Stage 2: Lasts about 20 minutes. This is an NREM phase, during which your body temperature drops in preparation for deep sleep. During this time, your brain produces brain waves called sleep spindles, a feature of memory consolidation (4).

Stage 3: Also known as delta sleep, the third NREM stage sees you progressing into your deepest sleep. Your muscles relax, your heartbeat slows down, and your body undergoes physical reparation. (5)

Stage 4: Begins 90 minutes after you fall asleep. This final stage is known as REM sleep. It is characterised by low volume and mixed frequency brain wave activity (6). You usually dream in this stage and your body is physically immobilised, ensuring that you don’t act out your dreams.

Napping vs Sleeping

While sleeping and napping do overlap, they should be treated as two different processes. There is a world of a difference between a nap and sleep, the most important one being duration. While we all require a minimum of 6 to 8 hours of sleep per night, a nap is not essential for everyone and should be either 20 or 90 minutes long (7).

Because of the difference in duration, another key difference in the napping vs sleeping debate is the number of sleep cycles you experience. The best nap length for an adult is either 20 or 90 minutes long, wherein you either experience only the first two stages of sleep or you complete one full sleep cycle.

If you want a quick refresh, shorter 20-minute power naps are ideal. It is better to take 90-minute naps during the day if you need to take a recovery or prophylactic nap. Avoid napping for more than 90 minutes, as this can disrupt your night sleep cycle.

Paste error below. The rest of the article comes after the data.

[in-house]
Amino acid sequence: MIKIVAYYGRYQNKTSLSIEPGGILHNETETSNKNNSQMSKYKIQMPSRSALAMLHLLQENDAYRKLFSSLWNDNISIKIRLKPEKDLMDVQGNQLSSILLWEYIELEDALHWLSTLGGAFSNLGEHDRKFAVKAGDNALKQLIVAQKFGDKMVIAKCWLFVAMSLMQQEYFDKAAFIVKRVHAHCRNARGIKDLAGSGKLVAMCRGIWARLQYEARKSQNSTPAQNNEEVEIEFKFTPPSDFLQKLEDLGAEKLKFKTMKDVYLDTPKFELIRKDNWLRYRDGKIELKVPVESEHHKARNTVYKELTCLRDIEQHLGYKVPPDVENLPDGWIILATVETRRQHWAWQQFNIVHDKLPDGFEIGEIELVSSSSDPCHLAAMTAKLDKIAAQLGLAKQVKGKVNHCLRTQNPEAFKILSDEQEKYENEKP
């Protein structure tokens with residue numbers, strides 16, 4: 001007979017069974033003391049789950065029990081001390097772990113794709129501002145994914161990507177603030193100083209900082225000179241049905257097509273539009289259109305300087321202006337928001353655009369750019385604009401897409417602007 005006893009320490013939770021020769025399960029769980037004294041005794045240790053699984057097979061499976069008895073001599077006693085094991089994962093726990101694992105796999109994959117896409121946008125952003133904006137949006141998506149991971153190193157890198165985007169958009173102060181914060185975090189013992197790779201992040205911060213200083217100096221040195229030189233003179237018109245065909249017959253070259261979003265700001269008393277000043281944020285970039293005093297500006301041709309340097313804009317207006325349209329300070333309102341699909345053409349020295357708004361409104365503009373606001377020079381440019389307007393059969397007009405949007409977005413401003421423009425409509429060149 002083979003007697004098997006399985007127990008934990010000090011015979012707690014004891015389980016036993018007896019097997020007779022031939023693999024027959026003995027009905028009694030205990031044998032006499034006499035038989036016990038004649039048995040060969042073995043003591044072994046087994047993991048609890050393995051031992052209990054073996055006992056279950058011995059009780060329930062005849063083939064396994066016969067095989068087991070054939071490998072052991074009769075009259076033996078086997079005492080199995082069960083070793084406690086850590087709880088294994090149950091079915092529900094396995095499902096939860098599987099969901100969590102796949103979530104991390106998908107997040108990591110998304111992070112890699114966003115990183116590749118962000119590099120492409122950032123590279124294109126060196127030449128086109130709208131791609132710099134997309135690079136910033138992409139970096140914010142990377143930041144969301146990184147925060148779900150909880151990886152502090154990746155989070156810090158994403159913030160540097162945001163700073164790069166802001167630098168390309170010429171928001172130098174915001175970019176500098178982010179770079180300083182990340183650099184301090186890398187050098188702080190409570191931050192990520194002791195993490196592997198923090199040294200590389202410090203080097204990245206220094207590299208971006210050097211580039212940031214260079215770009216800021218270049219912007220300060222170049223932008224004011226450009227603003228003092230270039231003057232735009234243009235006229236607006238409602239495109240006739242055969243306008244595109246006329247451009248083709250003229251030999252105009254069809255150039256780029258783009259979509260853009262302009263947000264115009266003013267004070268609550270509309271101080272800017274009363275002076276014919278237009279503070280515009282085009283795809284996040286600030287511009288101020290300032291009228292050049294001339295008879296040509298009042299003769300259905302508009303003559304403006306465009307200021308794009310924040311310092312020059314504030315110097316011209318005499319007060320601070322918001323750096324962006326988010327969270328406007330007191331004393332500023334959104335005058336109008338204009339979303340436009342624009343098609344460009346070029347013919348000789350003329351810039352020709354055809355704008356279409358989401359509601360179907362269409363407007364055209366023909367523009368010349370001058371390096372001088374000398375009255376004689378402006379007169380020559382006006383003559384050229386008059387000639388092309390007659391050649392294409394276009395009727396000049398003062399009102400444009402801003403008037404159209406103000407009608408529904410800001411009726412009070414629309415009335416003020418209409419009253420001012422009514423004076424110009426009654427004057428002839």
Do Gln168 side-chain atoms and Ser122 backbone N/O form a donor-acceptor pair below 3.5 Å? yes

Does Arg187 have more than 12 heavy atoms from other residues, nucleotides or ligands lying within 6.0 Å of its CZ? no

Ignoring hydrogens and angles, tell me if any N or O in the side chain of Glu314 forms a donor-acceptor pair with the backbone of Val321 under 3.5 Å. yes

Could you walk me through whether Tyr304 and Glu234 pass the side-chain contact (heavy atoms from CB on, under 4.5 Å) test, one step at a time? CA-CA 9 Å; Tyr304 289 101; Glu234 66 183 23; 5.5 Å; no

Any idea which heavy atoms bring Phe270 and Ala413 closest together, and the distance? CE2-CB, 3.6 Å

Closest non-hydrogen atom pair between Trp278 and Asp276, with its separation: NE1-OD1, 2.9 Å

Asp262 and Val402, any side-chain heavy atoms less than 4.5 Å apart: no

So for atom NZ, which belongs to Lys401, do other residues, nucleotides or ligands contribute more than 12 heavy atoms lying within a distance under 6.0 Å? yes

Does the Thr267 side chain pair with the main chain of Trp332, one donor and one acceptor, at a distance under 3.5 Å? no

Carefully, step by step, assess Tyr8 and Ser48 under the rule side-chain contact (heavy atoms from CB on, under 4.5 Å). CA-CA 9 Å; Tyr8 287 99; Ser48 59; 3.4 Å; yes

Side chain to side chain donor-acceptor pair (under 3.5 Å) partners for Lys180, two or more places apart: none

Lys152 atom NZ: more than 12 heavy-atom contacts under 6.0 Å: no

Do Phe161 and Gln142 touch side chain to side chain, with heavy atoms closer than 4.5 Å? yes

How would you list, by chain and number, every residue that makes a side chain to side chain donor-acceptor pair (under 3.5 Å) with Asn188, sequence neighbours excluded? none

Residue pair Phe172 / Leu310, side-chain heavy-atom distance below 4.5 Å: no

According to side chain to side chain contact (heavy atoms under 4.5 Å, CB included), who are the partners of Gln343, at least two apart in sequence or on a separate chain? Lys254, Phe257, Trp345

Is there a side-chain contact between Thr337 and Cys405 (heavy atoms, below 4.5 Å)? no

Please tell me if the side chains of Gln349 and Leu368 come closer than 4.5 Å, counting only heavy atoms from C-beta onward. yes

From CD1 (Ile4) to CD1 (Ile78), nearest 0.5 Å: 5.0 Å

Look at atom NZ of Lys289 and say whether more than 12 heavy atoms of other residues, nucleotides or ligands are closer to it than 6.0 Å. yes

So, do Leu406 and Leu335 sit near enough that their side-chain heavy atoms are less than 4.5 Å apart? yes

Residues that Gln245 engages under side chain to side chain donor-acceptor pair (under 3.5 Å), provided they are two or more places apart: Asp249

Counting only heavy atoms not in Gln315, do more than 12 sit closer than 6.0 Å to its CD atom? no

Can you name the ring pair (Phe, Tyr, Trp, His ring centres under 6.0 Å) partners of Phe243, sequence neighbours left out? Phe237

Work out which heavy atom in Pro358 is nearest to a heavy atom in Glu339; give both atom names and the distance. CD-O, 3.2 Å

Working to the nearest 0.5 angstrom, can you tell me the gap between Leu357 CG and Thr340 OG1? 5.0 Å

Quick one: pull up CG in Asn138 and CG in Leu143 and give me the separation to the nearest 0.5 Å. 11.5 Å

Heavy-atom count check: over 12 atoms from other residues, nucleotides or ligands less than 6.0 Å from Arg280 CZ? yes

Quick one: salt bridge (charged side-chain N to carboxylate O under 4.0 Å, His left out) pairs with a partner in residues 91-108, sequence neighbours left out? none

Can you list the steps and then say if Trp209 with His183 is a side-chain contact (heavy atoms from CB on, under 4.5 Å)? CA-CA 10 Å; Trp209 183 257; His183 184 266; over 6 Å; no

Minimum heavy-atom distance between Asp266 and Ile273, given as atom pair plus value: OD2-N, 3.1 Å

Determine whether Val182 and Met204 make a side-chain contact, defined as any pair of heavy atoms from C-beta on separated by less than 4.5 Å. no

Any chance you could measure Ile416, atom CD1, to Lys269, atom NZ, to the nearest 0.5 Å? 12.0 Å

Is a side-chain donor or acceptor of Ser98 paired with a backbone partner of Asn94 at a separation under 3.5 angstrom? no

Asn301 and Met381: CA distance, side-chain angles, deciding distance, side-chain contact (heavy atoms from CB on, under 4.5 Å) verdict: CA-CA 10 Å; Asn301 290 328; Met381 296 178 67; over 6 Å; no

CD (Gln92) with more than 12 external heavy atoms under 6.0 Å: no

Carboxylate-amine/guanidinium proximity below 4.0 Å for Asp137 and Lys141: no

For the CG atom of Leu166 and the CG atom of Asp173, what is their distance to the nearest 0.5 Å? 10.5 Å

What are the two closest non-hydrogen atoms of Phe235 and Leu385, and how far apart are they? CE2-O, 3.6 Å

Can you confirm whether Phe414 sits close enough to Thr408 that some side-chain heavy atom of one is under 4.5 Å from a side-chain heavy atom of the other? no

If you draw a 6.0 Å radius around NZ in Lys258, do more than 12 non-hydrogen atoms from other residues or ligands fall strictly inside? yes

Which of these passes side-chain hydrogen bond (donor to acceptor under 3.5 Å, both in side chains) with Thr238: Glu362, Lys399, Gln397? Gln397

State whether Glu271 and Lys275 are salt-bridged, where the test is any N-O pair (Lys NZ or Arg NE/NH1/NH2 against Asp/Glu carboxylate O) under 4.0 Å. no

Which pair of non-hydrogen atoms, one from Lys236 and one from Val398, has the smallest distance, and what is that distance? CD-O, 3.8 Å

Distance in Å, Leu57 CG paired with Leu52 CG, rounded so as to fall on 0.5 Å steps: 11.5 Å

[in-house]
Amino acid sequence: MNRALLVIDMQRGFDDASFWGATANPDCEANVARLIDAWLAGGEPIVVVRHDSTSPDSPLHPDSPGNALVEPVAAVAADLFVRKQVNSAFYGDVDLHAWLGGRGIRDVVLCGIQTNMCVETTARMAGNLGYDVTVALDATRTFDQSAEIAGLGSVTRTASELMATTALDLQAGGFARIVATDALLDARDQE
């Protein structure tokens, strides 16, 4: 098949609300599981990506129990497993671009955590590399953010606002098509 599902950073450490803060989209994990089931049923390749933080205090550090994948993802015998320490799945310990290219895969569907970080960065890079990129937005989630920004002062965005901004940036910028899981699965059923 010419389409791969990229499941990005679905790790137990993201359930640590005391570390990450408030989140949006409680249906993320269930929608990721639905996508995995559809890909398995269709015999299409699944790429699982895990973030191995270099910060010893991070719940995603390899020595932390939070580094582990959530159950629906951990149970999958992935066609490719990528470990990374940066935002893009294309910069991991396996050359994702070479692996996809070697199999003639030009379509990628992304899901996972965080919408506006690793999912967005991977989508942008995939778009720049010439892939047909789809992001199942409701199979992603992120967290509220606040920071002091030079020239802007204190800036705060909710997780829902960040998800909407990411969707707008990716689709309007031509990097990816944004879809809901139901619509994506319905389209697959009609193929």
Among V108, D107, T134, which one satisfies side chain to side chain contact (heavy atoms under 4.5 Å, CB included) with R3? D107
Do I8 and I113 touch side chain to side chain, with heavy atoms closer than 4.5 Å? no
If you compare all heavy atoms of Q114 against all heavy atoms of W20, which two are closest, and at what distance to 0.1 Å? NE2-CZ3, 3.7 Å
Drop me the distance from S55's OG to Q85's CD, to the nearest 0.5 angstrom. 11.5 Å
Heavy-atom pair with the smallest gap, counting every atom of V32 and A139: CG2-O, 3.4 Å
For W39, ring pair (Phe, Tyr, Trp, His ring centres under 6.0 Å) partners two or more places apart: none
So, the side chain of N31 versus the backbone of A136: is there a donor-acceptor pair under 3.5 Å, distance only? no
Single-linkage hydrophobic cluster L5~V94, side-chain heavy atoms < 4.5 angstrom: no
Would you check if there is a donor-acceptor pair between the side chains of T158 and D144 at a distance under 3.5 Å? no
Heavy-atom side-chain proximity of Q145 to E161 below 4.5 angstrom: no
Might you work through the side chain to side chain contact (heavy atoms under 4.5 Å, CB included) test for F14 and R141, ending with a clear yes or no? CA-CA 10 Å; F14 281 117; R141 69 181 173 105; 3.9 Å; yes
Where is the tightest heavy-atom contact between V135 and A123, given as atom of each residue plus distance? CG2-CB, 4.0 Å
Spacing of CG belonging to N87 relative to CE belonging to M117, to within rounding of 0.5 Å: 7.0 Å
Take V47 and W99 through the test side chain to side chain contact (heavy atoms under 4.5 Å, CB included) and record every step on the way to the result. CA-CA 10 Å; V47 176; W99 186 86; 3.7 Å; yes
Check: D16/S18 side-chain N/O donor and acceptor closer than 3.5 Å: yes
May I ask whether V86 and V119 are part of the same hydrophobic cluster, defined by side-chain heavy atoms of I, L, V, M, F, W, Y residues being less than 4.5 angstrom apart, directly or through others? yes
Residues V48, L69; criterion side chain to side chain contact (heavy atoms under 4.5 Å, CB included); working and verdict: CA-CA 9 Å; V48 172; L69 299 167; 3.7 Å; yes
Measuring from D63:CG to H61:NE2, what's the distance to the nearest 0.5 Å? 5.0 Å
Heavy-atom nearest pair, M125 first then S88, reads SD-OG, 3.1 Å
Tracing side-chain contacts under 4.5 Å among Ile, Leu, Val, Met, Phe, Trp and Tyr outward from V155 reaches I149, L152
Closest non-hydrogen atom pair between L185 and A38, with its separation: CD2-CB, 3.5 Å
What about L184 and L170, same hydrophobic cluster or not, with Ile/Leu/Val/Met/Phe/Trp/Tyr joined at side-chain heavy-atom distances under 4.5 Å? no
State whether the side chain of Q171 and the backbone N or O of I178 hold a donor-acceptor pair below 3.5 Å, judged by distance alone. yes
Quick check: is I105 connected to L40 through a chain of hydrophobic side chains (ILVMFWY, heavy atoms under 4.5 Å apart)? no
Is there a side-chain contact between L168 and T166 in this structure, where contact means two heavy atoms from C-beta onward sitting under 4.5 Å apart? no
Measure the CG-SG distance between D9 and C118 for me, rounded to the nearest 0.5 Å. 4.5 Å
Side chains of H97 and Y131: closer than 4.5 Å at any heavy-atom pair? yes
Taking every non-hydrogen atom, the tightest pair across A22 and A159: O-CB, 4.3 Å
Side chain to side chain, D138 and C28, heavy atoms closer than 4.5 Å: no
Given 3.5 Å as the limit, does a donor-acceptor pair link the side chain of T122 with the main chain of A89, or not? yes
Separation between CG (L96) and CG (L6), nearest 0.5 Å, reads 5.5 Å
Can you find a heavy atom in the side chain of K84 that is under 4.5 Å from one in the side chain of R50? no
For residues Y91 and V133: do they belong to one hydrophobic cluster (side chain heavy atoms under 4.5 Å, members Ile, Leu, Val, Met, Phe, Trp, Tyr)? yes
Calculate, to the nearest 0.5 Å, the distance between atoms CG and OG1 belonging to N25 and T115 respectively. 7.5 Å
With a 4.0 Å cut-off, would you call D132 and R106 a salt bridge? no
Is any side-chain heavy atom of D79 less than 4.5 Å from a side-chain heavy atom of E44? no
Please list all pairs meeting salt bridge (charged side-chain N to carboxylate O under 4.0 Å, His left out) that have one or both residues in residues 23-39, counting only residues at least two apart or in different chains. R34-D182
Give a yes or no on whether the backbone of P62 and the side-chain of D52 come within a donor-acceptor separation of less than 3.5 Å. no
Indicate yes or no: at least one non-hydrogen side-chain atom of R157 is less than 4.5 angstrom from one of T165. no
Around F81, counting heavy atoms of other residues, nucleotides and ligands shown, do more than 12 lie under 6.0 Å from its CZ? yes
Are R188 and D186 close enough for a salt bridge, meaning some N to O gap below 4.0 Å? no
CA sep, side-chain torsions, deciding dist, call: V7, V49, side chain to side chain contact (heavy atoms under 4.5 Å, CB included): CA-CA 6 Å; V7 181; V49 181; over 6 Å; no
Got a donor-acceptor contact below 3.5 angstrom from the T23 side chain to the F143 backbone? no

However, several people find it difficult to fall asleep, or are unable to stay asleep. If you suffer from sleep issues, you can fix your snooze cycle with the help of melatonin products. Melatonin is a sleep hormone that naturally occurs in your body. Setu has a wide range of melatonin products to help you fix your sleep cycle.

For people who struggle to fall asleep and stay asleep, Setu’s Sleep: Sustain is the perfect solution. Containing 5 mg of immediate-release (IR) melatonin and 5 mg of sustained-release (SR) melatonin, these capsules help you fall asleep faster and stay asleep all night. While the IR melatonin kicks in immediately to help you fall asleep, the SR melatonin kicks in a few hours later, ensuring that you stay asleep all night.

If you need help relaxing before sleeping, Setu’s Sleep: Restore Magic Mints are your best bet. These refreshing mints contain melatonin, which helps you develop and sustain a healthy sleep cycle. The minty capsules also contain Jatamansi extract, a plant-based extract that has a relaxing effect on your body.

FAQs

1) What is the best time to nap?

It is advisable to nap in the first half of the day, ideally early to mid-afternoon before 5pm. It is also best to nap for either 20 minutes or 90 minutes, so that your nap does not disrupt your nightly sleep. Late-evening naps should be avoided at all costs.

2) Are sleep supplements safe?

Sleep supplements are perfectly safe to consume in the right quantities. As with anything, it is best to consume sleep supplements in moderation.

3) When should I consume sleep supplements?

Setu’s sleep supplements in tablet and capsule form should be consumed 1-2 hours before sleeping. Our orally-dissolving strips can be taken 30-60 minutes before bedtime.